The performance of tech stocks amid the market chaos caused by the coronavirus pandemic has been notable, with the performance of the giants of the sector Apple, Microsoft, Amazon, Alphabet and Facebook often single out by market commentators.
By David Eiswert, portfolio manager of the T. Rowe Price Global Focused Equity fund
Lam Research, a provider of cloud-based communications and collaboration business solutions, is up 267% over five years and has returned 2.6% YTD.
We have high conviction in the technology sector, as this is an area where rapid market share shifts mean growth companies are plentiful regardless of the broader macro environment.
After-effects from the coronavirus outbreak could also result in lasting behavioural changes, with more people working remotely and payment methods skewing more digitally.
We also have a sizeable exposure to semiconductor stocks, which we anticipate should benefit from content growth in automotive and industrial end markets, as well as investment in data centres and artificial intelligence.
The recent market volatility allowed us to pick up the company. We remain bullish on semiconductor names, as we believe the industry will be relatively insulated from the current crisis environment and should still benefit from powerful trends over the next one to two years.
This is due to accelerating DRAM and NAND demand, broader 5G rollout, as well as higher capital intensity in logic, foundry and memory.
Alibaba and JD.com
By Jacob Mitchell, portfolio manager and CIO of Antipodes Partners
Alibaba is up 9.8% over five years and 3.7% YTD. JD.com 76.2% over five years and 61.6% YTD.
Chinese e-commerce is largely an oligopolistic market, with both Alibaba and JD.com well placed. In our assessment, the market is undervaluing two aspects of the case.
Firstly, the opportunity for these two giants to take share among the roughly one billion Chinese living in Tier 3 and below cities, where online adoption lags the top tiers by a third, as well as the new retail or omnichannel opportunity.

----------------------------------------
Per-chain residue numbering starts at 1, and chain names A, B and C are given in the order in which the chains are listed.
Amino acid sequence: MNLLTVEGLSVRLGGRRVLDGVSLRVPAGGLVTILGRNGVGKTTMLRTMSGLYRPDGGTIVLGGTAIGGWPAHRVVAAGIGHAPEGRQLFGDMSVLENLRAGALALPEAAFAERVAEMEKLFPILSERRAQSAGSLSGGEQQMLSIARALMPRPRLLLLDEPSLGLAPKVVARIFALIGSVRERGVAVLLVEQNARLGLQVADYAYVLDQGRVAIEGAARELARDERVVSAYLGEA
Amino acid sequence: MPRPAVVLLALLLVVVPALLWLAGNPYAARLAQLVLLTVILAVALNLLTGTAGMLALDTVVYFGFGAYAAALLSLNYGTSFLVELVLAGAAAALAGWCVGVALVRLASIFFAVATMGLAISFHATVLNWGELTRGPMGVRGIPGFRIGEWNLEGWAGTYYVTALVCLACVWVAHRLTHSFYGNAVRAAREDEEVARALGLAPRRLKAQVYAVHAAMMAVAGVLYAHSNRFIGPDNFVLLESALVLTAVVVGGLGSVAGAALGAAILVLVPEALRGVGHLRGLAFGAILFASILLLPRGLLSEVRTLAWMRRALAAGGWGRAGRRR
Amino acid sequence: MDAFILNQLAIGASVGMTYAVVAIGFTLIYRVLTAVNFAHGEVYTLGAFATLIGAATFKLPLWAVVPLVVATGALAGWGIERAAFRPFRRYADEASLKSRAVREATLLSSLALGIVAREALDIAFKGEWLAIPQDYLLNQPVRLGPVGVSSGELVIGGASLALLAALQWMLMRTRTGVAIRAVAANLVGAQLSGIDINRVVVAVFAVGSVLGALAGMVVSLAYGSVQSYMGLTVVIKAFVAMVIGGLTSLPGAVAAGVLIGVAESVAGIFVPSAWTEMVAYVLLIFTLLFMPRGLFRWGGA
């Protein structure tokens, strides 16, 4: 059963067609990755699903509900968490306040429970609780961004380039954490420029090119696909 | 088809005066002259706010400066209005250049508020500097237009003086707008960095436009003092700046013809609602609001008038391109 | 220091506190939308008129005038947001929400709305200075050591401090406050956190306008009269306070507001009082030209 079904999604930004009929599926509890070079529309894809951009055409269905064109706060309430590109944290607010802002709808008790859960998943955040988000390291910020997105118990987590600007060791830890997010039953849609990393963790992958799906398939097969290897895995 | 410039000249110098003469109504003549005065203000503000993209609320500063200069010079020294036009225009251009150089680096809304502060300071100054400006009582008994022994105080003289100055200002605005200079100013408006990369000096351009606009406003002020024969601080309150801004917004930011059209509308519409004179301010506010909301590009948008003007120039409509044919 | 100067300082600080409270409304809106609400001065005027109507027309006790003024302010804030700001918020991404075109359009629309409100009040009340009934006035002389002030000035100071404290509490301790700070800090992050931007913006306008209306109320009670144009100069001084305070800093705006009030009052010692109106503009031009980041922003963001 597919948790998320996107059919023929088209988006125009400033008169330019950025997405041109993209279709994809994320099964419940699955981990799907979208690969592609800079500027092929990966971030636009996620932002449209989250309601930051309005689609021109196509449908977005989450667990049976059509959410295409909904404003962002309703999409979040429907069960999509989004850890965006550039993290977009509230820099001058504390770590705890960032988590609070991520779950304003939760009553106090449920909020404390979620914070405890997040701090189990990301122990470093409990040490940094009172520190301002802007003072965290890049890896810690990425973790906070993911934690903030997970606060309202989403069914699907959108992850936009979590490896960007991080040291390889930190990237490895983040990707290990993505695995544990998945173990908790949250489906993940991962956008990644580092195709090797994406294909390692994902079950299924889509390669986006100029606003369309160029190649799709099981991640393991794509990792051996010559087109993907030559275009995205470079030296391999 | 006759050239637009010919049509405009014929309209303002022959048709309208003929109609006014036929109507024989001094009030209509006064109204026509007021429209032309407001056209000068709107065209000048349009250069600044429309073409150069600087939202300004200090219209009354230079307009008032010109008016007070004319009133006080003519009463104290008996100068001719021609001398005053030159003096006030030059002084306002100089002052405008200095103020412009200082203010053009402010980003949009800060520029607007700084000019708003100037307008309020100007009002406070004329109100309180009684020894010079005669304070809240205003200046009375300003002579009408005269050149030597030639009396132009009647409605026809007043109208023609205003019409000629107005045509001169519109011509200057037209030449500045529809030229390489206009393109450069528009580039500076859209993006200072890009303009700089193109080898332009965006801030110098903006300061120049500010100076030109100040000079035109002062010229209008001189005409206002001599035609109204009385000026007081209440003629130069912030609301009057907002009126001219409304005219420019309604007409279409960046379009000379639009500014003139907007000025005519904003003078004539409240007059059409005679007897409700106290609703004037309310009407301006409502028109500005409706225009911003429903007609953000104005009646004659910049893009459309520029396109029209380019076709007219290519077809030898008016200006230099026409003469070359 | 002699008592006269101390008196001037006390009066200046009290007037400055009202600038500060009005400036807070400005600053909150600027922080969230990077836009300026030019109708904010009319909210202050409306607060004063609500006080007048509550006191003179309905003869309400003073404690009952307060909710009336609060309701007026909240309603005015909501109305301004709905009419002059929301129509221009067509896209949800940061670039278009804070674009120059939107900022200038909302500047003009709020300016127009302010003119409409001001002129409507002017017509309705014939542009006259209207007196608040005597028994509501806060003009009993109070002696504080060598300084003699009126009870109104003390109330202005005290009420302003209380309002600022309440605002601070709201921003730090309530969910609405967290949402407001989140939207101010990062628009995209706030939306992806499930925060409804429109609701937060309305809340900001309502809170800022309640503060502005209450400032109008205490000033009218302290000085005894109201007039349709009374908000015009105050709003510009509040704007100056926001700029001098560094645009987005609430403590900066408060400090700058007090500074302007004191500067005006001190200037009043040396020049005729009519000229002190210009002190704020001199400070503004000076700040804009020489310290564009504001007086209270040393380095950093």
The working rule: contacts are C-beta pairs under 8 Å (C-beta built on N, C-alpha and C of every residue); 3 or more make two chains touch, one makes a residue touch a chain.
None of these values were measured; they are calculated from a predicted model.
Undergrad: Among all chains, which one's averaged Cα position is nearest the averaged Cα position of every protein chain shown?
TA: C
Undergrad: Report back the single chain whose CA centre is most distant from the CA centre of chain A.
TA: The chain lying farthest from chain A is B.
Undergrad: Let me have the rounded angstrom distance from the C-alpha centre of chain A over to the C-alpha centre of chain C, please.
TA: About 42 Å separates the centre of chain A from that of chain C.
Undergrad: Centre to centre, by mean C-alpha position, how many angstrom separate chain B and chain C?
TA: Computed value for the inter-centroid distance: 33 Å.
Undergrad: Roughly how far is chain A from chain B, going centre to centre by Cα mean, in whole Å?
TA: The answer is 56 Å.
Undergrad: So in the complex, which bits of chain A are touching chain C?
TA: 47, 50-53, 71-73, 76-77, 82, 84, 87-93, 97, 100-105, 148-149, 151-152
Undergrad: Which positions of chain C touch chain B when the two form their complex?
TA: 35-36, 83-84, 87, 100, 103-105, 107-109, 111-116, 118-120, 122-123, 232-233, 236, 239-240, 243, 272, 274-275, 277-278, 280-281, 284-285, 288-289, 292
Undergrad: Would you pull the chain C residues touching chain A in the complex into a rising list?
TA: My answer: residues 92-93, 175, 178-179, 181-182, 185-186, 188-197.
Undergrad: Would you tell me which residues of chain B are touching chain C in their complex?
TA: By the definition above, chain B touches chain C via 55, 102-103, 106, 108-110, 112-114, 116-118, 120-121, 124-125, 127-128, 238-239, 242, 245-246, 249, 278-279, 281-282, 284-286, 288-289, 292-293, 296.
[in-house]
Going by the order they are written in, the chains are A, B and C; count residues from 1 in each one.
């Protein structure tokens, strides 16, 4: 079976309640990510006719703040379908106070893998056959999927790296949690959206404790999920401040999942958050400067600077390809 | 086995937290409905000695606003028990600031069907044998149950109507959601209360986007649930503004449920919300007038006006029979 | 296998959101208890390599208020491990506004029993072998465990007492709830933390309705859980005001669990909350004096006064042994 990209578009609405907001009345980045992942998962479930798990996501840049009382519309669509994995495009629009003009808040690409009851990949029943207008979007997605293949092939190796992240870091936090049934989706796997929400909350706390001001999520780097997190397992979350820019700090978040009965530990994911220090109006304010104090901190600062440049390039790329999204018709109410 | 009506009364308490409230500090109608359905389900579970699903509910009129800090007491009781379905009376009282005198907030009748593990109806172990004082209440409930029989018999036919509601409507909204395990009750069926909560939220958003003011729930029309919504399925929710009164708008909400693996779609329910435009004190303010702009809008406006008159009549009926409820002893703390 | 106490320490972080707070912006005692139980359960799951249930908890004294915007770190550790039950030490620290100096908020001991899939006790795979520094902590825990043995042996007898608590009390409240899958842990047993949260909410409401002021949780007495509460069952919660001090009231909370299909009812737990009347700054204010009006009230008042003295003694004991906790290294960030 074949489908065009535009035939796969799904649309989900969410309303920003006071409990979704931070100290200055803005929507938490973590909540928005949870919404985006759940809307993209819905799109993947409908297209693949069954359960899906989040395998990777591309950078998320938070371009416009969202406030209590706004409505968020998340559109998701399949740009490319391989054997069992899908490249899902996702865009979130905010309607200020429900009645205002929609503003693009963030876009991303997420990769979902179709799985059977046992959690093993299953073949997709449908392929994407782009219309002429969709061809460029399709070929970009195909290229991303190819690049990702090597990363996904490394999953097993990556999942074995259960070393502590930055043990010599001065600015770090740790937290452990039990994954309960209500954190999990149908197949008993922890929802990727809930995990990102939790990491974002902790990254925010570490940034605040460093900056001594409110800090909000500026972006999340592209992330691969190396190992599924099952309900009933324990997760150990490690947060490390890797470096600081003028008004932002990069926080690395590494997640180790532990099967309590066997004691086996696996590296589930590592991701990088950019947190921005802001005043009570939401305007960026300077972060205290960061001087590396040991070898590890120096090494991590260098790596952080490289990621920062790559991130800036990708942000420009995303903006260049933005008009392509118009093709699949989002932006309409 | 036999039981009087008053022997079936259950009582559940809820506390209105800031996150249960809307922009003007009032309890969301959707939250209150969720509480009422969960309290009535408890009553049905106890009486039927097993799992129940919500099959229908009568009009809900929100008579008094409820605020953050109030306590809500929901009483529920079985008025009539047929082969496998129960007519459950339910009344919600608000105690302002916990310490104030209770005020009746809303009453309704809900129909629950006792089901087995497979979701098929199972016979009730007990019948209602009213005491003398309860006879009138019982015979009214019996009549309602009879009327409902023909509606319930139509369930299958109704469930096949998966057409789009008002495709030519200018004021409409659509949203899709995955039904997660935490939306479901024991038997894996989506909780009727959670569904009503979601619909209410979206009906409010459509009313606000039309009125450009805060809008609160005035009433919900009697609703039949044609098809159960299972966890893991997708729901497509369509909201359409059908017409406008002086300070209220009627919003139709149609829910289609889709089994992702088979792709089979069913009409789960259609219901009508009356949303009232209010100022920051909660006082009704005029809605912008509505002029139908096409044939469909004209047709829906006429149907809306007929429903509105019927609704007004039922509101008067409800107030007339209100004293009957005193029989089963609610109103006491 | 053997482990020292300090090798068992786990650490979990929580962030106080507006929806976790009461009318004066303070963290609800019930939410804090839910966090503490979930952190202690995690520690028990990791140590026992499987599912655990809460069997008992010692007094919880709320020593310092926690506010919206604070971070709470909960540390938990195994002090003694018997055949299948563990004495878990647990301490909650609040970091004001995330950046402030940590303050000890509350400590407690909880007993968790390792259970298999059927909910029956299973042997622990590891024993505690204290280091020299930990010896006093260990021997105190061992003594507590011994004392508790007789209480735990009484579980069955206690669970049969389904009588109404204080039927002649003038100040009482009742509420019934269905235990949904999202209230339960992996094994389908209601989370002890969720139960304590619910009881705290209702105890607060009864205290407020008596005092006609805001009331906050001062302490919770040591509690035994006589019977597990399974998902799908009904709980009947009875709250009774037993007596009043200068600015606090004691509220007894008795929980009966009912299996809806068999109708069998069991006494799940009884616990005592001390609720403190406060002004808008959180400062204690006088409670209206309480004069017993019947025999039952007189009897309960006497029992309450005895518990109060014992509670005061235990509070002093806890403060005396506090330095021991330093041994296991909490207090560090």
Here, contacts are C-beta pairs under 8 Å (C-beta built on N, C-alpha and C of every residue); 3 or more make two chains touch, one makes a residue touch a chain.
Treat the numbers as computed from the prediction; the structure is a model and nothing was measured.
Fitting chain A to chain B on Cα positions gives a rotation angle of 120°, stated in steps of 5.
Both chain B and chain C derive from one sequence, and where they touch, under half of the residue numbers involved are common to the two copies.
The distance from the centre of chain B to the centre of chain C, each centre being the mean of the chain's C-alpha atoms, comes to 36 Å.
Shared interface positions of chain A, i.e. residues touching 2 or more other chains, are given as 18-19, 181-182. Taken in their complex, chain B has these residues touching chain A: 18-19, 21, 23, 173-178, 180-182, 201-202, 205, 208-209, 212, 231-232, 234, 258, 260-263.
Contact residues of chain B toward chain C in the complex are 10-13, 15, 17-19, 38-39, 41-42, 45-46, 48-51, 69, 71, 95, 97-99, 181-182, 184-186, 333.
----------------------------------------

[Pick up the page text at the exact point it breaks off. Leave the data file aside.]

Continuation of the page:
The future of retail will involve the convergence of data rich e-commerce platforms with offline retail. These omnichannel initiatives address a target market that is five times larger than online retail but are one-fifth as profitable.
Organised channels for fresh grocery sales are hugely underdeveloped compared to those in the US, where established super/hypermarkets account for more than 90% of sales.
In China, wet markets - the Asian equivalent of farmers markets - still account for more than 70% of fresh grocery.
Given the Covid-19 outbreak likely originated in a Wuhan wet market, China will now permanently modernise its fresh food supply chain.
Alibaba and JD.com are deploying multiple strategies to attack this opportunity, including partnerships with offline players.
By Saïd Tazi, portfolio manager at SYZ Private Banking
French cosmetics brand L'Oréal has returned 69.8% over five years and 4% YTD.
The term "tech" is no longer fit for purpose. Tech is not a sector anymore; in many industries, company growth is now constrained by the degree to which tech exists in business models - across every sector. For example, even a cosmetics firm like L'Oréal has a strong tech component.
The company's e-commerce channel is growing very fast and, importantly, it has known how to attract younger generations with apps using augmented reality for make-up.